What I find interesting aren’t the multiple discussions of Snowden as treasonous or Snowden as sexy rebel, but rather, how the issue of presenting the actions and supporting evidence of the leaks can be anything less than journalistic and essential and so very Pulitzer. The Snowden leak is by many standards the biggest story of the year, perhaps of the decade. No one is arguing the national security issues of publicizing Big Brother; however, it’s a journalists’ job to poke and ask the hard questions. Checks and balances. The same checks and balances that have brought years of social injustices to light, both illegal and government-sanctioned. Both “patriotic” and “unpatriotic.”

Pulitzers are not given to the righteous and the safe. They are given to the writers and the artists and the photographers who dig into the underbelly and force us to continue questioning what righteous and safe and patriotic mean, which is an essential reason to mourn any year we lose an award for a board’s refusal to give the award. I’ll just put this out into the ether now. To withhold the award, again, on such a year would be, again, disappointing. A coward’s way.

Reforming and questioning our social narratives is essential to the progress of our social narratives, how we view our humanity and the humanity we wish to instill in our young. Jack Thornell’s 1967 photograph of the shooting of James Meredith in Mississippi by a roadside rifleman. Eddie Adams’ photograph of Nguyễn Ngọc Loan executing Nguyễn Văn Lém in 1968. Anthony Roberts capturing a woman being beaten in an LA parking lot in 1973 then moments later capturing her assailant’s parking lot execution as the assailant straddles her. The Pulitzer awards are not the culmination of what we see in proper and polite and unquestionable society. Pulitzers award the defining moments that make us question. Or they should. It is what we have come to expect and why we have been disappointed. (Nudge. Fiction. 2012. 1977. 1974. And so on.)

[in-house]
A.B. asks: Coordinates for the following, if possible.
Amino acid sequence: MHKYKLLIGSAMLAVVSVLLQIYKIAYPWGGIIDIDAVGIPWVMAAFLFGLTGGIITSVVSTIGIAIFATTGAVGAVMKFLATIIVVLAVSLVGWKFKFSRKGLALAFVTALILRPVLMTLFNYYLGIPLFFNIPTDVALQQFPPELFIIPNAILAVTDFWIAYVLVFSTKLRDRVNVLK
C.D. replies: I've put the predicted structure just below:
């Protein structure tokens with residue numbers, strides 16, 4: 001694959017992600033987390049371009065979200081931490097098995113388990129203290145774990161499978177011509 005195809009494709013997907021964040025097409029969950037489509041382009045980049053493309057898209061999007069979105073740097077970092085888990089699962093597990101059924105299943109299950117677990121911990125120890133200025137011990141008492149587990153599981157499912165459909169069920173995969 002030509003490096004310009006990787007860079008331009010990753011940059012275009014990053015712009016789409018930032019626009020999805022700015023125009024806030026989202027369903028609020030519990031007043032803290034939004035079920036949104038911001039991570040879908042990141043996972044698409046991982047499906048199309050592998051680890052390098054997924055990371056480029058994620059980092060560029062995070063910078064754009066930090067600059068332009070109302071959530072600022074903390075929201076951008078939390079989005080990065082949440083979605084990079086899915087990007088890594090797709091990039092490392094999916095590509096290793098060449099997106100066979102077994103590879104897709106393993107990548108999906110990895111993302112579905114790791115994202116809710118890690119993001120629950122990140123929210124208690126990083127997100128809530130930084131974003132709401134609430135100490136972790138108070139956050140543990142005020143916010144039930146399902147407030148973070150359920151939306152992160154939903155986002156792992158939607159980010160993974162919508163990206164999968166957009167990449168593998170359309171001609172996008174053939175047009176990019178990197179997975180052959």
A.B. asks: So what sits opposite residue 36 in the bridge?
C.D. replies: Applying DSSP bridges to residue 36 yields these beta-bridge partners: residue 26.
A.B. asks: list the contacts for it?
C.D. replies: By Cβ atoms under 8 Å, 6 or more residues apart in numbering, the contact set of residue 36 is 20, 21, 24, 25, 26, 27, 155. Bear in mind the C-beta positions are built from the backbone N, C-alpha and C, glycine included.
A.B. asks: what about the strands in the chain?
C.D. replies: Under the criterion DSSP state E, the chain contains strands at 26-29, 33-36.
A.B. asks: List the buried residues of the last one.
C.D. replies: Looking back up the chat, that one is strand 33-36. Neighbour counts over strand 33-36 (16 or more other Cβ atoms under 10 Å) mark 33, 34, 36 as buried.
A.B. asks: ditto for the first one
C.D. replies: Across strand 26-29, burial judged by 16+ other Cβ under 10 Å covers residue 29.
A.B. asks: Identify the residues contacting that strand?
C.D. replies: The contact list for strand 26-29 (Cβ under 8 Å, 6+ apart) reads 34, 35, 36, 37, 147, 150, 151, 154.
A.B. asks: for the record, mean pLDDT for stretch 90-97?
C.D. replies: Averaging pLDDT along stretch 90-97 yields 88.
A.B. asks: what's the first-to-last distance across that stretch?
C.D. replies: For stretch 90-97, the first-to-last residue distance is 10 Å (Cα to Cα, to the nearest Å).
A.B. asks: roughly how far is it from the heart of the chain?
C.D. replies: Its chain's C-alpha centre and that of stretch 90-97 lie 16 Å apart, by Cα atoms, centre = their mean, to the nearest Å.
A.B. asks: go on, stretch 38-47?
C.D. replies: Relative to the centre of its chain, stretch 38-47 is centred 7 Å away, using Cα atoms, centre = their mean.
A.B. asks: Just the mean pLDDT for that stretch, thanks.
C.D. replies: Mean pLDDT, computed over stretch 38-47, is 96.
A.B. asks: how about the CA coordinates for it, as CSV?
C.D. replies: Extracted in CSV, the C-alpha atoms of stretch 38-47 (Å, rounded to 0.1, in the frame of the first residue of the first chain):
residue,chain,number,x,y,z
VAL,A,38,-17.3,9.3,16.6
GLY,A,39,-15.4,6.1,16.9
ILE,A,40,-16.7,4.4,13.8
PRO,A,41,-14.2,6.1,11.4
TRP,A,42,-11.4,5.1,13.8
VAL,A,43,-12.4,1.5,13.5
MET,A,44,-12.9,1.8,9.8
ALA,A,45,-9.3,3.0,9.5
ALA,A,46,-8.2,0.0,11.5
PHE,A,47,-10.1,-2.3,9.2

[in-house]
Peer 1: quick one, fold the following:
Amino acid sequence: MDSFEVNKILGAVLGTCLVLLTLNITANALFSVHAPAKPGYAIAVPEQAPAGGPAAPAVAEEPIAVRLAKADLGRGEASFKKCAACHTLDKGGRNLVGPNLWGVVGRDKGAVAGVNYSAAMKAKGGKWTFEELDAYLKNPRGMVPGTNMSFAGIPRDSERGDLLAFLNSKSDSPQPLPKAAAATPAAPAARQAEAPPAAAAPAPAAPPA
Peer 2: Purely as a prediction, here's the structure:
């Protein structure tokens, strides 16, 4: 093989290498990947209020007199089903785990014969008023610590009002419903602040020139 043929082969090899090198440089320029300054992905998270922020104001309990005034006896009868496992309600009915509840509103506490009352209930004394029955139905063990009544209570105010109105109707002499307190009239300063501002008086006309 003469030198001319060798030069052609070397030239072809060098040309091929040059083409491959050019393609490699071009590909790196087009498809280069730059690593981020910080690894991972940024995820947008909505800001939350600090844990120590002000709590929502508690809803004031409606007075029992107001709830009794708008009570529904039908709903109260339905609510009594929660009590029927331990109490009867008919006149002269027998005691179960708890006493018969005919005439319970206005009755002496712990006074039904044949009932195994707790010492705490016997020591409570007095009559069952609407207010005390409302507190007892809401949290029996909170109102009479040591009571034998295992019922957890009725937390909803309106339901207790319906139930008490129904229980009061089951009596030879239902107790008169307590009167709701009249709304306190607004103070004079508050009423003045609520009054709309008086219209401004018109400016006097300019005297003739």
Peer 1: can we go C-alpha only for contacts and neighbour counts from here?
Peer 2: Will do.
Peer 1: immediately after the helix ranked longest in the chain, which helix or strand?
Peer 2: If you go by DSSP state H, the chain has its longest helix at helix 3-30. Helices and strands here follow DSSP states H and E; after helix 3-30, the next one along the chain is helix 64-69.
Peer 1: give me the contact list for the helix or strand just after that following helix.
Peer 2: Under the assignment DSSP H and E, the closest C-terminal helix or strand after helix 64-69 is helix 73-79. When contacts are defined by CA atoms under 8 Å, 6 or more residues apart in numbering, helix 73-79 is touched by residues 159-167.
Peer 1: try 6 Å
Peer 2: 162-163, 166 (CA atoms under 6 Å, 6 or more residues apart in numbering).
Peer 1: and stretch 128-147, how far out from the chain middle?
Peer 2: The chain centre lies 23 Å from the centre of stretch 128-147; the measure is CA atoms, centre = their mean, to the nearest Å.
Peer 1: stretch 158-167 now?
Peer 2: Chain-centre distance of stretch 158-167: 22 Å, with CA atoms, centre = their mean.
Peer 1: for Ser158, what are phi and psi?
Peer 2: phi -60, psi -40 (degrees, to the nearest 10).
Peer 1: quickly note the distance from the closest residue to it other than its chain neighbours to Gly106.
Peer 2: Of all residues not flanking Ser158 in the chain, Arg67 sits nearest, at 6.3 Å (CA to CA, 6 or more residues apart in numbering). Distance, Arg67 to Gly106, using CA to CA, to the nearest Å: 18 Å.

Politico asks “does [the Pulitzer] honor reporting by The Washington Post and The Guardian… Or, does it pass over what is widely viewed as the single most significant story of the year — if not the decade — for the sake of playing it safe?” We should all be asking this question. Does it sit well, this idea of Pulitzer safety? Does it sit well that we must even consider whether the Pulitzer would pull back under this idea of safety? Is this what we want from our most distinguished American prize in the arts and letters?

I hope not. For my son’s and my daughter’s sakes, I hope not. I would like to hope that the social discomforts my children suffer, in the interest of what is just and right, isn’t on their shoulders alone and on the shoulders of so many who would stand. Sometimes it is the faith and the goodness of our innocents and our idealists that should guide us most. Our cynicisms and practicalities must share space with our ideals if we are to create fuller conversations. And it is in the moments when we question what is right and just and safe that we should stand. Even if Big Brother stands taller and looming.

Rae Bryant is the author of the story collection The Indefinite State of Imaginary Morals. Her stories and essays have appeared in The Paris Review, StoryQuarterly, McSweeney’s, Huffington Post, BLIP Magazine, Gargoyle Magazine, and Redivider, among other publications. She is editor-in-chief of the literary and arts journal, The Doctor T. J. Eckleburg Review. Visit her online at raebryant.com